Python Closures and Free Variables

April 10 2014

Today, friends, we will continue to dissect functional programming concepts in Python. We're going to try to figure out what the hell is going on in this chunk of code:

>>> def make_contains_function(x):
...     def contains(s):
...             return x in s
...     return contains

What happens when we pass make_contains_function a string?

>>> make_contains_function('a')
<function contains at 0x10a1e2cf8>

We get a function! Whoa. A function that returns a function. Cool. Let's assign this returned function a name and try to use it:

>>> contains_a = make_contains_function('a')
>>> contains_a
<function contains at 0x10a1e2c80>
>>> contains_a('cat')
>>> contains_a('bro')

We can create a function called contains_a by calling the make_contains_function and passing the string 'a' as a parameter. Then, when we pass contains_a a string, the function returns a boolean representing whether 'a' is in the string or not.

Let's look at the original code again and try to understand what it does and why it works:

>>> def make_contains_function(x):
...     def contains(s):
...             return x in s
...     return contains

First let's translate this to English. We're creating a function called make_contains_function, which takes one parameter, x. In the body of the make_contains_function, we create an inner function called contains, which takes one parameter, s. The inner function returns x in s, and then the outer function returns the inner function.

But how does contains have access to x? Shouldn't that throw a NameError? Here's my mental model for how Python looks up the value associated with a name of a variable, x:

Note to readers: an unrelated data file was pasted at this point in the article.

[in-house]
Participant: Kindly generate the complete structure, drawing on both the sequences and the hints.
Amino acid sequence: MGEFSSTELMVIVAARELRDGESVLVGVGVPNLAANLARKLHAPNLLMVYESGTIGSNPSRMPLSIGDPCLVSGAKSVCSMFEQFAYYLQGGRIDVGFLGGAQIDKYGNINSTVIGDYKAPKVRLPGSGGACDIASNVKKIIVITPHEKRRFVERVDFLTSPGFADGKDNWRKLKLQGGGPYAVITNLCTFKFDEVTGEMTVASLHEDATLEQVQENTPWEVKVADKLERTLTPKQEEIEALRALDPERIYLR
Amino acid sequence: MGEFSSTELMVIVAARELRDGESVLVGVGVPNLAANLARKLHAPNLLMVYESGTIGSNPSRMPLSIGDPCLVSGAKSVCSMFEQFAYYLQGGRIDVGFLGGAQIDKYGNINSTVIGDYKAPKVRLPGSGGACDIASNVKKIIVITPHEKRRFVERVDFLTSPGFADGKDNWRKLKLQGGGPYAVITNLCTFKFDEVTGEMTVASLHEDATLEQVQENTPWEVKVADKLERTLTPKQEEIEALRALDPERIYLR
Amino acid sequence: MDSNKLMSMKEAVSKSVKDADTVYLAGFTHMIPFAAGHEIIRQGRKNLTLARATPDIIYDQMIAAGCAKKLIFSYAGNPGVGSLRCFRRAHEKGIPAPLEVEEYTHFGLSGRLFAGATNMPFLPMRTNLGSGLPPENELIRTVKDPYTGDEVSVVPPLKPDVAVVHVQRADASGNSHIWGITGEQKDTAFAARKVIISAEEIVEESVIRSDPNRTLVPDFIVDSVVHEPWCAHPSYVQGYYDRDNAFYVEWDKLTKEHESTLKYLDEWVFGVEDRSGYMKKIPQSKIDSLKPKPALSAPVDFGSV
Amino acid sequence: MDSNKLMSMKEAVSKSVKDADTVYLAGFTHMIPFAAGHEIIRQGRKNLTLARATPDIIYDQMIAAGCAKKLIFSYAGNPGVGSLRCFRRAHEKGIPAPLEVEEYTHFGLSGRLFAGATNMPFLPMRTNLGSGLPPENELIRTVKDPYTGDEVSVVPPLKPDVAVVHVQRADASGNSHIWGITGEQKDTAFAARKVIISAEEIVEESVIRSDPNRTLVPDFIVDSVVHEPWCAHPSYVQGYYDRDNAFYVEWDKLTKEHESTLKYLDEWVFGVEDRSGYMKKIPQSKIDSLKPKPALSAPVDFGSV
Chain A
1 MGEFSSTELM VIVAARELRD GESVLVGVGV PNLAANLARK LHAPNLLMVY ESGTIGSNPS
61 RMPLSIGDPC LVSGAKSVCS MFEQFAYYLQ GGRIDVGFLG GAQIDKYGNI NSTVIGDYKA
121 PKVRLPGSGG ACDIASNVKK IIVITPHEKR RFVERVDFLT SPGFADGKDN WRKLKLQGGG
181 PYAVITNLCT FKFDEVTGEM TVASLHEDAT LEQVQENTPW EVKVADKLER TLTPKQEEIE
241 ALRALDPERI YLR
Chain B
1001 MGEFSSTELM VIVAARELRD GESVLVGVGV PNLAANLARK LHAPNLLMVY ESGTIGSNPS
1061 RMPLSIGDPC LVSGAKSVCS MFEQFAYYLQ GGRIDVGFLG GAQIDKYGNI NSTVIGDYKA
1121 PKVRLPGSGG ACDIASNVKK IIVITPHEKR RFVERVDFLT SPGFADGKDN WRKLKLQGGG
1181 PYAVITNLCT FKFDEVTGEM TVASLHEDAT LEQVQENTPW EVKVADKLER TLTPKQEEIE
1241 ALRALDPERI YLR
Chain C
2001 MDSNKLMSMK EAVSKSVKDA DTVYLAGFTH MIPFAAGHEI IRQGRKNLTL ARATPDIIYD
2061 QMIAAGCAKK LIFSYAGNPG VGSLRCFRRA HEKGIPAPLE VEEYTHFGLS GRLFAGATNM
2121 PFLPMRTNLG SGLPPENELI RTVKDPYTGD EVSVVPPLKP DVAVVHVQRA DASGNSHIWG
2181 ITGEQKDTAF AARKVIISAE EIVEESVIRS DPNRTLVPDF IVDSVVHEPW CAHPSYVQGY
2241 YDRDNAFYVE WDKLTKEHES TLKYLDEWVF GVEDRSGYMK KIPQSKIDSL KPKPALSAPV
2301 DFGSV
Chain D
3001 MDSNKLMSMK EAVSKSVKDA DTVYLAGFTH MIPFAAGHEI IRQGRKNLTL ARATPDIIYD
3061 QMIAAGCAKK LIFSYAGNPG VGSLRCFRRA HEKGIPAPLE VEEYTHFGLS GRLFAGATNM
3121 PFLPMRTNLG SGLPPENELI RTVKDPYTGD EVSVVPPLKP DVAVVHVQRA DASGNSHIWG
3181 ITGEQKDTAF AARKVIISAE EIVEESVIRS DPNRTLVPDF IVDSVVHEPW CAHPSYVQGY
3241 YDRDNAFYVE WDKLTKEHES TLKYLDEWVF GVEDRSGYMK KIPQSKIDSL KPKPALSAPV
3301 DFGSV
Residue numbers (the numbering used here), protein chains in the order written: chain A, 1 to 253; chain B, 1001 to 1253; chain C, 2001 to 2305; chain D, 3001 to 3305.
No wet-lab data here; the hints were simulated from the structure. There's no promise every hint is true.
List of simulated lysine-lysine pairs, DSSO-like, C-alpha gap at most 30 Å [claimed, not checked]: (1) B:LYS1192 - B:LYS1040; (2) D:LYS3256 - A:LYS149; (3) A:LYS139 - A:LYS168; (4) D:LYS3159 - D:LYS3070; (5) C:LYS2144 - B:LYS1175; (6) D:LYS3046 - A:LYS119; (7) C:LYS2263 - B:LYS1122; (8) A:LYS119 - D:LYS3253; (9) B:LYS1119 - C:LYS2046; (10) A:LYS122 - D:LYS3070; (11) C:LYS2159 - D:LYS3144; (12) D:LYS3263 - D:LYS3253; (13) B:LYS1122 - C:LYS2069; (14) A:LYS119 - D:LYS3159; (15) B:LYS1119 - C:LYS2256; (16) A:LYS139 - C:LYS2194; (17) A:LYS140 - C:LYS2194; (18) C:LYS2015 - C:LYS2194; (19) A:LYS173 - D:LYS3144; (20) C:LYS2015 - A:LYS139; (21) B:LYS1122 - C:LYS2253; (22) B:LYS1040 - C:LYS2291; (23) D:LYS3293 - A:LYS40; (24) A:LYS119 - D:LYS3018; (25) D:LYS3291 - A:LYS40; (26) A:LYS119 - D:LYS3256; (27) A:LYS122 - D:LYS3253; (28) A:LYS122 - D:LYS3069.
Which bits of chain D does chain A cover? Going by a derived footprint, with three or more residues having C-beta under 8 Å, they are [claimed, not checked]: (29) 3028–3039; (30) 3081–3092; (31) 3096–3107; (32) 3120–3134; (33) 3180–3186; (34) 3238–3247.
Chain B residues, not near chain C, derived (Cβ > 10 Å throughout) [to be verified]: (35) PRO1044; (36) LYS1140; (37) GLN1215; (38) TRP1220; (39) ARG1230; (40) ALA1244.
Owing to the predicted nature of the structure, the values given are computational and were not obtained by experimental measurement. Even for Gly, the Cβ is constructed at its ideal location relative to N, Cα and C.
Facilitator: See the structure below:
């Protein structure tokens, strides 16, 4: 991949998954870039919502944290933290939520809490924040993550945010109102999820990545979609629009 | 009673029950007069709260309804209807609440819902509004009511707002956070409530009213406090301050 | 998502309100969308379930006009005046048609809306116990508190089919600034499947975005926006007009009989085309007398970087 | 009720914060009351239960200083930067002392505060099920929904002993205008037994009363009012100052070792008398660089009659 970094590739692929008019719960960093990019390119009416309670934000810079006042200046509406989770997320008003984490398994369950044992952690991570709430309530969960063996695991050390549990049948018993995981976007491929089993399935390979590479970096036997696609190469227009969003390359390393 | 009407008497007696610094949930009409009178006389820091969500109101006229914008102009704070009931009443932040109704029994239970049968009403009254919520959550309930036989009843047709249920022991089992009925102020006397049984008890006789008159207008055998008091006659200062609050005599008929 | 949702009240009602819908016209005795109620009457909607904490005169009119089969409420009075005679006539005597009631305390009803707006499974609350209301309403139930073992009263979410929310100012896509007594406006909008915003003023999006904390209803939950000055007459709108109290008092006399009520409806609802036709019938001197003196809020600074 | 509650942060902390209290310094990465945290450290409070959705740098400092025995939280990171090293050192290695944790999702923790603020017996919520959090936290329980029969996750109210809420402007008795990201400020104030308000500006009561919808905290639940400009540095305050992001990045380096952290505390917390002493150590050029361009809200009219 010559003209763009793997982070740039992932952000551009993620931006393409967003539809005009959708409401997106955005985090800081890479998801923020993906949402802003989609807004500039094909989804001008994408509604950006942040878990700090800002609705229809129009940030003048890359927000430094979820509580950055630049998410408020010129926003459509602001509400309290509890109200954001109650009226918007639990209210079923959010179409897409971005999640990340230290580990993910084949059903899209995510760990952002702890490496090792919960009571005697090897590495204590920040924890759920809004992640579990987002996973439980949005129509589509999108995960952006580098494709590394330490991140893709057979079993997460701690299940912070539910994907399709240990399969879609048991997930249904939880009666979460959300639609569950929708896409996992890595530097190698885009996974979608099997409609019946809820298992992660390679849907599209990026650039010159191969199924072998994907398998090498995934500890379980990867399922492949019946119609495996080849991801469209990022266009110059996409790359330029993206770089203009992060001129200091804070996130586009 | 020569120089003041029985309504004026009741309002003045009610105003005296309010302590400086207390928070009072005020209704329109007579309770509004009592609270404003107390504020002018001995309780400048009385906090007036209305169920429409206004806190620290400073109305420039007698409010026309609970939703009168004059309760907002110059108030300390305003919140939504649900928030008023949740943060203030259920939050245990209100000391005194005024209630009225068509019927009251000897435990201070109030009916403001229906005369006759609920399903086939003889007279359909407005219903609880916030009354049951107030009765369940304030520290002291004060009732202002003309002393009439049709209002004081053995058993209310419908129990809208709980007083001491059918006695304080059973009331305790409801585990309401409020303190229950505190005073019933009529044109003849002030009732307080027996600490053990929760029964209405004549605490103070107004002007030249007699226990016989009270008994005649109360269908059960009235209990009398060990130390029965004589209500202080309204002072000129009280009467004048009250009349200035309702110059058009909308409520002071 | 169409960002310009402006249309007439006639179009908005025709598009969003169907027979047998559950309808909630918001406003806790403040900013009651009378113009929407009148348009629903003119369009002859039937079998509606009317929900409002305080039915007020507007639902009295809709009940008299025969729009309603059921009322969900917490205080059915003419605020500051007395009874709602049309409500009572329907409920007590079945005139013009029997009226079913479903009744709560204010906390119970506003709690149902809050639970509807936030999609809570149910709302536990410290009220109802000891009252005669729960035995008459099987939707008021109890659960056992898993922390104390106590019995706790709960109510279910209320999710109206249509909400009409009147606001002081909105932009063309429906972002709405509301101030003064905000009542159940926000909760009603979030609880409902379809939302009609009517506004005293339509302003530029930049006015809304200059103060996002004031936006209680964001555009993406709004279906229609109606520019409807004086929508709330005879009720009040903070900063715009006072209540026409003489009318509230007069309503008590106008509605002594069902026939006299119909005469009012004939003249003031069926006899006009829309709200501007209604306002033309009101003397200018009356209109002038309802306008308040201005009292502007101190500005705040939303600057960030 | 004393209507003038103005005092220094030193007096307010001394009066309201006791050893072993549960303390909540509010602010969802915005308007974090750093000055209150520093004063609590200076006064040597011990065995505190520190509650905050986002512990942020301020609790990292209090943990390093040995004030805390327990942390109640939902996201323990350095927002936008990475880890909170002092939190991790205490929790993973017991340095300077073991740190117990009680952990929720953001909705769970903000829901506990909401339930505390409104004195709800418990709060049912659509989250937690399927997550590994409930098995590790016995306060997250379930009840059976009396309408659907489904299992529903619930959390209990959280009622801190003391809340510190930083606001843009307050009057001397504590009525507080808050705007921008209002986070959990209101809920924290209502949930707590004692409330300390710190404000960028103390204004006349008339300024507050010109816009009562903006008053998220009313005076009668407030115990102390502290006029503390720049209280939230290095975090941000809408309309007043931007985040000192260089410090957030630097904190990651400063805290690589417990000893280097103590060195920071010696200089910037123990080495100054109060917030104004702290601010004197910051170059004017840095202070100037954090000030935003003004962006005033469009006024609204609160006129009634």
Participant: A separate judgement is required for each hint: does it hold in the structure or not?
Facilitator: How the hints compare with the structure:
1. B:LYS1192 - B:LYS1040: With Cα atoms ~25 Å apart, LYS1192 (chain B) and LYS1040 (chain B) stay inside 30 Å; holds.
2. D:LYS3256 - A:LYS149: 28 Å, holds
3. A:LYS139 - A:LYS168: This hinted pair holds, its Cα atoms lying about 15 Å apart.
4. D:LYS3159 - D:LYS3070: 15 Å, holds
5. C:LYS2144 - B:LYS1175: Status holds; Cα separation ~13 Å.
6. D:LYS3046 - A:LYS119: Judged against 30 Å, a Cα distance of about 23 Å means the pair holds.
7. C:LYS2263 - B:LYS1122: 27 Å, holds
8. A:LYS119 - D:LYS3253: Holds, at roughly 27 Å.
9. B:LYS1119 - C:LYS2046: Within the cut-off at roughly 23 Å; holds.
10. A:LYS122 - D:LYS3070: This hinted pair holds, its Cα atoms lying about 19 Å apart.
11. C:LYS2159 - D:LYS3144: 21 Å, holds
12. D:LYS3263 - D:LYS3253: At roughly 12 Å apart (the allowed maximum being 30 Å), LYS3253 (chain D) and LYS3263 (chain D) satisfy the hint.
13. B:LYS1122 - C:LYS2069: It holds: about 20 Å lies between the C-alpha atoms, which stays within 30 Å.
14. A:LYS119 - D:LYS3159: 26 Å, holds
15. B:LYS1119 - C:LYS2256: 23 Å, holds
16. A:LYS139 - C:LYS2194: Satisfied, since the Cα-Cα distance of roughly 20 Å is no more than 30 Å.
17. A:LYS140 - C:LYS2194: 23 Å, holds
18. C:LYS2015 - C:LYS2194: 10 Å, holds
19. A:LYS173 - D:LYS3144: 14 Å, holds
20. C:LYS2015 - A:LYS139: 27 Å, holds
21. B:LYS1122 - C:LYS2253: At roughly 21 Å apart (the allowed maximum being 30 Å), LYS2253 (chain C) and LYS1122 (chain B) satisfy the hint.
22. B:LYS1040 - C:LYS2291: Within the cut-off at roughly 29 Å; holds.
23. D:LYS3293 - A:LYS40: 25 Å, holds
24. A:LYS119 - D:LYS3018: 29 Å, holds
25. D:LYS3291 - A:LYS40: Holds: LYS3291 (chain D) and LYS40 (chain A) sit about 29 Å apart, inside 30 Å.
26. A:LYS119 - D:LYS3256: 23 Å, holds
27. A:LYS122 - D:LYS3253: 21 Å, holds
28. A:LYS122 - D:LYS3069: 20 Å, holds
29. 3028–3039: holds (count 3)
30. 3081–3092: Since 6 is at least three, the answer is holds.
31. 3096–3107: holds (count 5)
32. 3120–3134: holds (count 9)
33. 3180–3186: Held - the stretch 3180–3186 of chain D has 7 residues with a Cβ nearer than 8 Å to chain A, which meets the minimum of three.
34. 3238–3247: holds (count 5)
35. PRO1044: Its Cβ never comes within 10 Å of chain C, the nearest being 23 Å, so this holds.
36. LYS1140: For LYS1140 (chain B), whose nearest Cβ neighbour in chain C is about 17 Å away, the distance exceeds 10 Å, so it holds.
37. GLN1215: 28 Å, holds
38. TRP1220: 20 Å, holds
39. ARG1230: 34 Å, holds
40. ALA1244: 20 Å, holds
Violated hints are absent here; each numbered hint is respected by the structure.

1. Check to see if x is in the locals() dictionary. If it is, then the value of x is the value associated with x in locals(). i.e.:

    if x in locals():
        return locals()[x]
  2. Check to see if x is in the globals() dictionary. If it is, then the value of x is the value associated with x in globals(). i.e.:

    elif x in globals():
        return globals()[x]
  3. Check to see if x is in the __builtins__.__dict__ dictionary. If it is, then the value of x is the value associated with x in __builtins__.__dict__. i.e.:

    elif x in __builtins__.__dict__:
        return __builtins__.__dict__[x]
  4. Otherwise, throw a NameError.

My mental model for how locals() works is that it returns all local variables, which are defined in the most narrowly-defined current scope. In the case of x in our example, the most narrowly-defined current scope is the function contains. Since x isn't assigned a value within the function contains, locals() won't contain a value for x (based on my mental model).

My model for how globals() works is that it returns the variables which are defined at the module-level (i.e. variables which aren't defined within a scope like a function or a class. Since x is defined within a function, namely within the make_contains_function, it won't be included in the globals() dictionary either.

x is pretty clearly not defined in __builtins__.__dict__, because it isn't defined in the builtin module. (It isn't automatically imported any time you run Python).

Poor x.